Witco and Elf point to a second alleged release. The arsenic trichloride was made by emptying 50-pound bags of arsenic trioxide into the chlorinators, where it would be mixed with hydrogen chloride gas. The arsenic trioxide took the form of a powder similar to granulated sugar and was delivered in four-ply paper bags. These bags were slit open by Elko employees and their contents poured into the chlorinators. It is apparently uncontested that during this process, a quantity of dust would settle on the building's floor and occupants.

Elf and Witco maintain that this is a release at the chlorinators. In contrast, the United States contends that if arsenic trioxide dust escaped from the bags and settled on the floor and then blew outside the building, this is in fact, a disposal at and release from Elko's floor, not the chlorinators.

We disagree. Common sense tells us that when one pours a substance into a container and some escapes as dust, that it is released at the container, not at the floor on which it lands. In addition, the United States's own expert testified that part of the escaping dust was caused by the powder displacing the air in the chlorinators. To do that, at least some powder must have entered the chlorinators before it was then blown out. For this reason, we find a discharge of arsenic trioxide at the allegedly United States-owned equipment. The arsenic trioxide was waste because it was abandoned. Elf, 868 F. Supp. at 710; Reading Co. v. City of Philadelphia, 823 F. Supp. 1218, 1236-37 (E.D. Pa. 1993). And, it was released into the environment. Elf, 868 F. Supp. at 710-11 (citing cases). For this reason, we find a release of a hazardous substance at the chlorinators.

There is a dispute as to whether there was a release from the Government-owned tank cars. Witco and Elf suggest that there was because arsenic is found in that area. The United States argues that there is no evidence that arsenic was released from the tank cars. This is a question of fact and summary judgment cannot be granted here.


Witco and the United States cross-move on the issue whether the United States arranged for the disposal of hazardous substances under § 107(a)(3) of CERCLA. Witco premises the United States's Arranger liability on the test provided in United States v. Aceto Agricultural Chems. Corp., 872 F.2d 1373 (8th Cir. 1989). In that case, the Eighth Circuit held that a party is an Arranger if it (1) has authority to control the disposal of hazardous waste, even if it does not own or possess the waste, or if it (2) supplies raw materials to the disposer with the knowledge that hazardous waste will result and will need to be disposed of. Id. at 1382.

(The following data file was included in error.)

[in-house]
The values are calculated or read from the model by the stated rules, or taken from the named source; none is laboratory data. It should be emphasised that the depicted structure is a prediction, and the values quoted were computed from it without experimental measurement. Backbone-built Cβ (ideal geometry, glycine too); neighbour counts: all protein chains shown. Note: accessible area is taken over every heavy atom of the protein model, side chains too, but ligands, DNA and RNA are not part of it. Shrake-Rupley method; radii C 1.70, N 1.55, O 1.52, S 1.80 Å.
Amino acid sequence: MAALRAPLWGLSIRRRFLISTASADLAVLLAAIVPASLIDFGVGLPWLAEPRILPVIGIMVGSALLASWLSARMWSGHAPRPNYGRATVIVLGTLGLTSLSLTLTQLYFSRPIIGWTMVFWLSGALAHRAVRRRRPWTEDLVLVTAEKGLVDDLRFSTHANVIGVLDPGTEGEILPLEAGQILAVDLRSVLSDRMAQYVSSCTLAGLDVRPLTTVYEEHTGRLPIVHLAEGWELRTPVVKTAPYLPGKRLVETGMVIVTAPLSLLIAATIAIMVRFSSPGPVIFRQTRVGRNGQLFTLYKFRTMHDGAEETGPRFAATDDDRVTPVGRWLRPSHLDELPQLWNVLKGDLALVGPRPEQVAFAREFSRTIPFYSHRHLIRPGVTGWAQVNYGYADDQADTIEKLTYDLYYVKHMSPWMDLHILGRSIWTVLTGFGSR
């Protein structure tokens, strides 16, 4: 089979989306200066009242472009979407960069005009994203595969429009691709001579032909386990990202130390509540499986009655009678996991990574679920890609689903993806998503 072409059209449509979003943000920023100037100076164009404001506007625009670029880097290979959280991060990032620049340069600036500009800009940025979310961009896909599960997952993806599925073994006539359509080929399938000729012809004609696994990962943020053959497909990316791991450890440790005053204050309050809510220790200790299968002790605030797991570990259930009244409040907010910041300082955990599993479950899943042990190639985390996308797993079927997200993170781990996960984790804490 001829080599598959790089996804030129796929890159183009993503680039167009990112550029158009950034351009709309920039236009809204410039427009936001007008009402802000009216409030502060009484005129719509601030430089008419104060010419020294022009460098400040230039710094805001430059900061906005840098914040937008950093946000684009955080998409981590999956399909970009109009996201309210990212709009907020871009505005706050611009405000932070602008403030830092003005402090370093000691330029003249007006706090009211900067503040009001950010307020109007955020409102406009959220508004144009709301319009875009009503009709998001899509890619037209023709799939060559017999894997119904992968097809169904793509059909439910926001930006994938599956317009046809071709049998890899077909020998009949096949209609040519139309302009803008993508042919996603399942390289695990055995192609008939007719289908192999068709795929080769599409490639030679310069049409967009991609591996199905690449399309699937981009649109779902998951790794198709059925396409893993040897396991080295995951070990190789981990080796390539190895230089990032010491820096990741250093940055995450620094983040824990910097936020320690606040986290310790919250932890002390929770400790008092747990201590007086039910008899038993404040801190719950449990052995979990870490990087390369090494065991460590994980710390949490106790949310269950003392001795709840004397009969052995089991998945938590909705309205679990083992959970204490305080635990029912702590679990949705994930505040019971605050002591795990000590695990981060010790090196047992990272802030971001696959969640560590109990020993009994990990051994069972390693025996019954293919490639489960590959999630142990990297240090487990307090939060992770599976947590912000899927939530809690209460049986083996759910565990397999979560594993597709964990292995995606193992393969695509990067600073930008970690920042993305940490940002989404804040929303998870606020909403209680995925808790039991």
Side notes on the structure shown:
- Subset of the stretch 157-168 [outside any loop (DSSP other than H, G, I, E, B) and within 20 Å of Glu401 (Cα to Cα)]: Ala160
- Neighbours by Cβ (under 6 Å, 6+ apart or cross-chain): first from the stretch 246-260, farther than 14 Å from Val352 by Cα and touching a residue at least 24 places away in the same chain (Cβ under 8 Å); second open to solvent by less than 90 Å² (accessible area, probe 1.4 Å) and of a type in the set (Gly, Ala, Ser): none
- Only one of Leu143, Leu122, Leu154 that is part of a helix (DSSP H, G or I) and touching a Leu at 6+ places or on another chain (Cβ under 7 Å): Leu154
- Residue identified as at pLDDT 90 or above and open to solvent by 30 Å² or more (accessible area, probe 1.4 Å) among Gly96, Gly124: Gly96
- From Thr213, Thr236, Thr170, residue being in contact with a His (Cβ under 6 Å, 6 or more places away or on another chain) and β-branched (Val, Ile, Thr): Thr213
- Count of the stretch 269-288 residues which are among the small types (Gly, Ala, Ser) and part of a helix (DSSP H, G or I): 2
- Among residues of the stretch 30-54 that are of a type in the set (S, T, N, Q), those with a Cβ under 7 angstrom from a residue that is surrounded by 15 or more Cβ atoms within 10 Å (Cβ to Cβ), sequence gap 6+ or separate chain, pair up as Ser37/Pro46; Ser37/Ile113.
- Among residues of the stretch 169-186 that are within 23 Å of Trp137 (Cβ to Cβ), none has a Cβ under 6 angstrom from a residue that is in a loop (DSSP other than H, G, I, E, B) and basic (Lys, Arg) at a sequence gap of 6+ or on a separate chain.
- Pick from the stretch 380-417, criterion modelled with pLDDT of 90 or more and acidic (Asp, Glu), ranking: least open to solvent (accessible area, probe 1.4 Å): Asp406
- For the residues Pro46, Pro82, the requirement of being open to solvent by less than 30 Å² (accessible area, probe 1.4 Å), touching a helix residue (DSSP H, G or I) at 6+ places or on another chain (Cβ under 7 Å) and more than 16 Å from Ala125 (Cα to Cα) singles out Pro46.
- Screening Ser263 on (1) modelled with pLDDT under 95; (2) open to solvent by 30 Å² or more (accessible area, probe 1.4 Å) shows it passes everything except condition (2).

Witco contends that the United States had both the authority to control Elko's waste disposal and that it supplied Elko with the raw materials for both arsenic and DDT. Above, we resolved that there were material issues of fact as to the United States's authority to control Elko's process or the work in process itself. This issue of fact precludes summary judgment on the first prong of the Aceto test. Also above, however, we found that mere allocation of raw materials was not equivalent to supplying raw materials. For this reason, summary judgment can be granted on the second Aceto prong, in the United States's favor. Vertac Chem. Corp., 46 F.3d at 811.


A party can be liable as an Operator under CERCLA if it has "substantial control" over operations, such as day to day management or actual high-level control over management and decision making. FMC Corp., 29 F.3d at 843; Lansford-Coaldale Joint Water Auth. v. Tonolli Corp., 4 F.3d 1209 (3d Cir. 1991). Whatever the level of control, it must be pervasive. Id. at 1222.

Above, we found that there were genuine issues of material fact as to whether the United States had control over the chemical production. For this reason, we cannot grant summary judgment on Owner liability.

An appropriate Order follows.


AND NOW, this 12th day of February, 1996, upon consideration of the Motion for Partial Summary Judgment of the United States Against Plaintiff Elf Atochem and Defendant Witco Respecting Their Claims Seeking to Hold the United States Liable as a CERCLA Operator and Arranger (doc. no. 148) and upon consideration of the Motion by Witco Corporation for a Summary Judgment that the United States is Liable as an "Owner" of Arsenic Trichloride Facilities and as an "Arranger" for Disposal of Wastes from Arsenic Trichloride and DDT Operations (doc. no. 170) and responses thereto, the Motions are hereby DENIED as discussed in the attached Memorandum.



1. At that time, the United States was prohibited from advancing money to private businesses. Marine Midland Bank v. United States, 231 Ct. Cl. 496, 687 F.2d 395, 400 (Ct. Cl. 1982) (discussing Pub. L. No. 17-9, 3 Stat. 723 (1823)), cert. denied, 460 U.S. 1037, 75 L. Ed. 2d 788, 103 S. Ct. 1427 (1983). To get around this limitation, the government used title-vesting clauses on the theory that if it gained title in return for a partial payment, no advance of public funds was made. In the modern era, some courts such as Marine Midland have determined that this old thinking should be abandoned and that the vesting clauses do not actually vest ownership in the government. Id. at 403; cf. In re American Pouch Foods, Inc., 769 F.2d 1190, 1196 (7th Cir. 1985) (rejecting Marine Midland), cert. denied, 475 U.S. 1082, 89 L. Ed. 2d 716, 106 S. Ct. 1459 (1986). Even if we were to adopt Marine Midland, it would not affect today's analysis, because in the 1940s, the time when this action's events occurred, the law was well settled that the vesting clauses were strictly construed. American Pouch, 769 F.2d at 1196.

2. See this Court's previous ruling in Elf Atochem North America, Inc. v. United States, 868 F. Supp. 707, 710-12 (E.D. Pa. 1994), for a review of "disposal" and "release" law.

3. There is some discussion of hydrochloric acid also being produced and disposed of, but there is not enough detail to allow a judicial discussion of it.